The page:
CANNING Downs stud owner John Barnes has upped the ante in the battle over Plumb’s Chambers by putting forward a $500,000 bid to buy the controversial site from Rose City Shoppingworld owner the McConaghy Group.
Court documents obtained by the Daily News detail the heritage campaigner’s bold bid to buy and restore the two buildings. Mr Barnes is also behind a legal action to prevent demolition of part of the site by the group.
The State heritage-listed buildings at 82 and 84 Fitzroy St, opposite Leslie Park, stand in the way of an expansion of the Shoppingworld.
The State Government has already approved demolition of the older building at 82 – thought to be the oldest shop in Queensland – as it was mistakenly left off the Warwick Shire Council’s heritage list.
The McConaghy Group has agreed to restore the front of the sandstone building at 84 Fitzroy St, next to the police station, but wants to knock down its rear section to make way for a truck turning bay.
In a statement provided to the Planning and Environment Court of Queensland, which has this week heard the Plumb’s case, Mr Barnes states his interest in the court proceeding is “purely directed to protecting the cultural heritage values of Warwick”.
“For the purposes of protecting and restoring the buildings at 82 to 84 Fitzroy St, I would be prepared to purchase those properties from the current owner for the sum of $500,000 or market value,” Mr Barnes says in his statement to the court.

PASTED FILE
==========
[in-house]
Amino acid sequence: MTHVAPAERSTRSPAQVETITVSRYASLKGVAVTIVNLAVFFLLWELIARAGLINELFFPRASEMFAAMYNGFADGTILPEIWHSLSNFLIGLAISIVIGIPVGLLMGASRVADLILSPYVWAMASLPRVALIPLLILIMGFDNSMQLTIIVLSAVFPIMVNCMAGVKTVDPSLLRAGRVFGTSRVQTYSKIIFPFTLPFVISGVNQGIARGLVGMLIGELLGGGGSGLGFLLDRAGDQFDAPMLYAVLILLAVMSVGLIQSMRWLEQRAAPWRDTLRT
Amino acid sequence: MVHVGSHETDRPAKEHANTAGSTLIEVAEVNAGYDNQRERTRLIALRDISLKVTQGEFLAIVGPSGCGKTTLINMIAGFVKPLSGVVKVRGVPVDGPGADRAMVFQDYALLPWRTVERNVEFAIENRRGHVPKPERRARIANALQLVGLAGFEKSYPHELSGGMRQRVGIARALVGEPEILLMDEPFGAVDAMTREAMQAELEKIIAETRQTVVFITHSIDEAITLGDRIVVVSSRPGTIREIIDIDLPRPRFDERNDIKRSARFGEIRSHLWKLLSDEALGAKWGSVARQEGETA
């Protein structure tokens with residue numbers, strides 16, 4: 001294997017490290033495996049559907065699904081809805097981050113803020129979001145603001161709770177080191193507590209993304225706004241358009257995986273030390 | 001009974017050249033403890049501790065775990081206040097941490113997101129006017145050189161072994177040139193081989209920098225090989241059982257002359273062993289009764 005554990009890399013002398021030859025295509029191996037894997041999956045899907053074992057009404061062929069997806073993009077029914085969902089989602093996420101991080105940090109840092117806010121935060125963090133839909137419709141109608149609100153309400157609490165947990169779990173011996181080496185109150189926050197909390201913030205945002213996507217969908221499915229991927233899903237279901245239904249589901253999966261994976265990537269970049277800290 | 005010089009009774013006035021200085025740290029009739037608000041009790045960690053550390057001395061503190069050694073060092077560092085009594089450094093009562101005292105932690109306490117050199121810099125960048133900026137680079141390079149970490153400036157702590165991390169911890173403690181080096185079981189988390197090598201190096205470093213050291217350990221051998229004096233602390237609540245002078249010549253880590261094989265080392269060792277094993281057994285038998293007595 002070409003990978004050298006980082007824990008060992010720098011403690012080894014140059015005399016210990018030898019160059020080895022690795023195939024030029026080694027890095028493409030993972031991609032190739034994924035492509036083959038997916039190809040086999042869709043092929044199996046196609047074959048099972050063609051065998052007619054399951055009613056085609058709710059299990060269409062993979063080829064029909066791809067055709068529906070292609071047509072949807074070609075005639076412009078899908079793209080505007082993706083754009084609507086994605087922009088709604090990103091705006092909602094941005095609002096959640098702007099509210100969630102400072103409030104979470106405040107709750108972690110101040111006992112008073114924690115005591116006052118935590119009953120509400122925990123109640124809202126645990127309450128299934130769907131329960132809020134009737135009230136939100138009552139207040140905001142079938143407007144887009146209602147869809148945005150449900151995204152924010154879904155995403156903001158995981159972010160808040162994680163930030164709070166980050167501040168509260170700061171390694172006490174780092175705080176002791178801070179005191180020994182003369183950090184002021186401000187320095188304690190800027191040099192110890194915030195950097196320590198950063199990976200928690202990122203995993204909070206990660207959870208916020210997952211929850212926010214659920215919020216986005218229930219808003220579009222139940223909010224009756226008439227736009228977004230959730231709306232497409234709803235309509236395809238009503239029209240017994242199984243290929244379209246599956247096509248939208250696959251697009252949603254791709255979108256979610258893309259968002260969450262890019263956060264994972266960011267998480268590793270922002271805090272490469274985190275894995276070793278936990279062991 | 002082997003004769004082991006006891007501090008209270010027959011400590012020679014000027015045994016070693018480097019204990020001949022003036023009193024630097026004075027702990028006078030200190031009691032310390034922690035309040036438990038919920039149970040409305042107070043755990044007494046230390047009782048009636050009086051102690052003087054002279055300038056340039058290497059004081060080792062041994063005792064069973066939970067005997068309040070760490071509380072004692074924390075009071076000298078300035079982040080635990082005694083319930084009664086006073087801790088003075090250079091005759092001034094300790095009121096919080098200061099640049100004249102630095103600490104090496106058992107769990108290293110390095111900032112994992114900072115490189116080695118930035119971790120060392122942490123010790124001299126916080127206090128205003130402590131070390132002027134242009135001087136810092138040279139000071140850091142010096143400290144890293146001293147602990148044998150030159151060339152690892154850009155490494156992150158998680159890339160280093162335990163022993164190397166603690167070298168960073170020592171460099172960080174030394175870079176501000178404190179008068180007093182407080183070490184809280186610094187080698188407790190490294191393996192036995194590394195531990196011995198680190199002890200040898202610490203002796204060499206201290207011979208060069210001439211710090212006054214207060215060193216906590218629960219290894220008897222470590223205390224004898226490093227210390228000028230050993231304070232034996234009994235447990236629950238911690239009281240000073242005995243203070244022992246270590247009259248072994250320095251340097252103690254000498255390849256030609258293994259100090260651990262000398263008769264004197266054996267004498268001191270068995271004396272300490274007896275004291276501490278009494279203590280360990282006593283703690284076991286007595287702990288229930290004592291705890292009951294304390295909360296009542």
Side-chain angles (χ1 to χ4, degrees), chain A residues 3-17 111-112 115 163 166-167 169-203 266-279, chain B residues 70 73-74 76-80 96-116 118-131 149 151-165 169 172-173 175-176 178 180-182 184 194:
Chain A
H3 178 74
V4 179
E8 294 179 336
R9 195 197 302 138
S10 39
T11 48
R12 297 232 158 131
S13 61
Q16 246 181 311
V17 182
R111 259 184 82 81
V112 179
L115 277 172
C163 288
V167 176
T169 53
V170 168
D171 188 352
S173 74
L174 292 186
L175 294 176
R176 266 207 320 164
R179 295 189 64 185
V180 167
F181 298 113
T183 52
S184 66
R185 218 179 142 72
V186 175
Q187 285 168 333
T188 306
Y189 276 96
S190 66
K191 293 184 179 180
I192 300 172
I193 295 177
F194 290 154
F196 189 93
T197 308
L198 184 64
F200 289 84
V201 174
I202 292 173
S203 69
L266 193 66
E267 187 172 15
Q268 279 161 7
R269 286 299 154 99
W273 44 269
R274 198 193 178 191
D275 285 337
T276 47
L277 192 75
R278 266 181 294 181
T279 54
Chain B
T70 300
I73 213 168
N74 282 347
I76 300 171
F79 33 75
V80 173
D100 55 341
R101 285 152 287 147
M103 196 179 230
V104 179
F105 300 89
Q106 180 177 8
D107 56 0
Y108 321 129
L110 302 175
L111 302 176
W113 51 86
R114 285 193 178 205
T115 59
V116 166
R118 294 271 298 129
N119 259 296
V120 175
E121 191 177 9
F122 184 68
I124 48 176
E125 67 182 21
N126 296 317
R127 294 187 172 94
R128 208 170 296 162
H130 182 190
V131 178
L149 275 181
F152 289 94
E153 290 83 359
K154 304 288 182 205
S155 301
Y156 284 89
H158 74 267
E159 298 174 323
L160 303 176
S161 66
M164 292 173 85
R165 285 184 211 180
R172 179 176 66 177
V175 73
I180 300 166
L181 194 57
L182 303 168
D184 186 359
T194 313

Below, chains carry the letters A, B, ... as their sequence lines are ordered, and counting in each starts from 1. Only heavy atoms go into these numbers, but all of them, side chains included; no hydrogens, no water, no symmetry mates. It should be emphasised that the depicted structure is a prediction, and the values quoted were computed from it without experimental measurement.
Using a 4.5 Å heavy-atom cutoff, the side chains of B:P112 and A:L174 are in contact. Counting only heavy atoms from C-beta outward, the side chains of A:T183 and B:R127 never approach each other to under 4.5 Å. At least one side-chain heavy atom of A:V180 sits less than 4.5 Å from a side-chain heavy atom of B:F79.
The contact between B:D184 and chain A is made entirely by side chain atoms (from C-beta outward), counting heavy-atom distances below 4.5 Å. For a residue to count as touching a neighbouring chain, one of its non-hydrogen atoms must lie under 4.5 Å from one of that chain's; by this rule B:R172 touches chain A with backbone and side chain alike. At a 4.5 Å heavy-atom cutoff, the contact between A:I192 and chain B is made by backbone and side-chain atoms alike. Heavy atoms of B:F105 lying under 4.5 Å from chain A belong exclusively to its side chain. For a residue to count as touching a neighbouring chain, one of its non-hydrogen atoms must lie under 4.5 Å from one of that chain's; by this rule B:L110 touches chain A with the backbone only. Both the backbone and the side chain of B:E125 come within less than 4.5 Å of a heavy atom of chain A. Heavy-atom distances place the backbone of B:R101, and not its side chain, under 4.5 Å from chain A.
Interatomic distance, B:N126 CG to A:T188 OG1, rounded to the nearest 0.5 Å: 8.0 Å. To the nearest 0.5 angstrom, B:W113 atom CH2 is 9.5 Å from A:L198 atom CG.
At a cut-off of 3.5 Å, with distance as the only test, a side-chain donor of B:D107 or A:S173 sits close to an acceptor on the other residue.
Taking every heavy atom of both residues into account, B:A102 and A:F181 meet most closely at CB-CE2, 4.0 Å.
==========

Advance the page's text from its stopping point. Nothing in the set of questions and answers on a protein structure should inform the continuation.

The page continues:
“My intention would be to restore the buildings so that they could be adapted for re-use as contemporary commercial or professional office space whilst retaining their heritage significance and streetscape values.”
Plumb’s was sold by the Hill family to the McConaghy Group in 2009 for $350,000.
Sydney-based Mr Barnes – whose Canning Downs property was the first pastoral lease in Queensland – has consistently maintained the Plumb’s Chambers buildings, while neglected, can be restored and re-used.
He has previously pointed to stables on Canning Downs, thought to date back to the 1860s along with 82 Fitzroy St, as proof that restoration of 150-year-old structures can succeed.
Access to Rose City Shoppingworld from Haig Avenue, between Plumb’s and the police station, has been cut for several months while what has been termed urgent safety work can be carried out on the wall of number 84.
Despite being authorised by the State Government on May 13 no work has started on installing what is understood to be a metal support brace.
McConaghy Group owner Robert McConaghy did not return a call from the Daily News yesterday.
Mayor Ron Bellingham said it was “difficult” for him to comment on the Barnes bid as council had given its own approval for the demolitions, but said council could be prepared to facilitate a discussion between Mr Barnes and the McConaghy Group on the shopping centre future if a sale of Plumb’s went through.
“I do feel that a meaningful restoration of those buildings, while they are important in the history of Warwick, would be hard to achieve,” Cr Bellingham said.
“But I do respect Mr Barnes for his passion for heritage.”
This week’s court hearing has been charged with deciding on the demolition of the rear section of 84 Fitzroy and if the court gives it green light – and the McConaghy Group rejects Mr Barnes’ offer – little stands in the way of the Shoppingworld expansion.
Mr Barnes’ barrister, Chris McGrath, said last night the court hearing had been adjourned until next Thursday and a judgment could be several weeks or more away.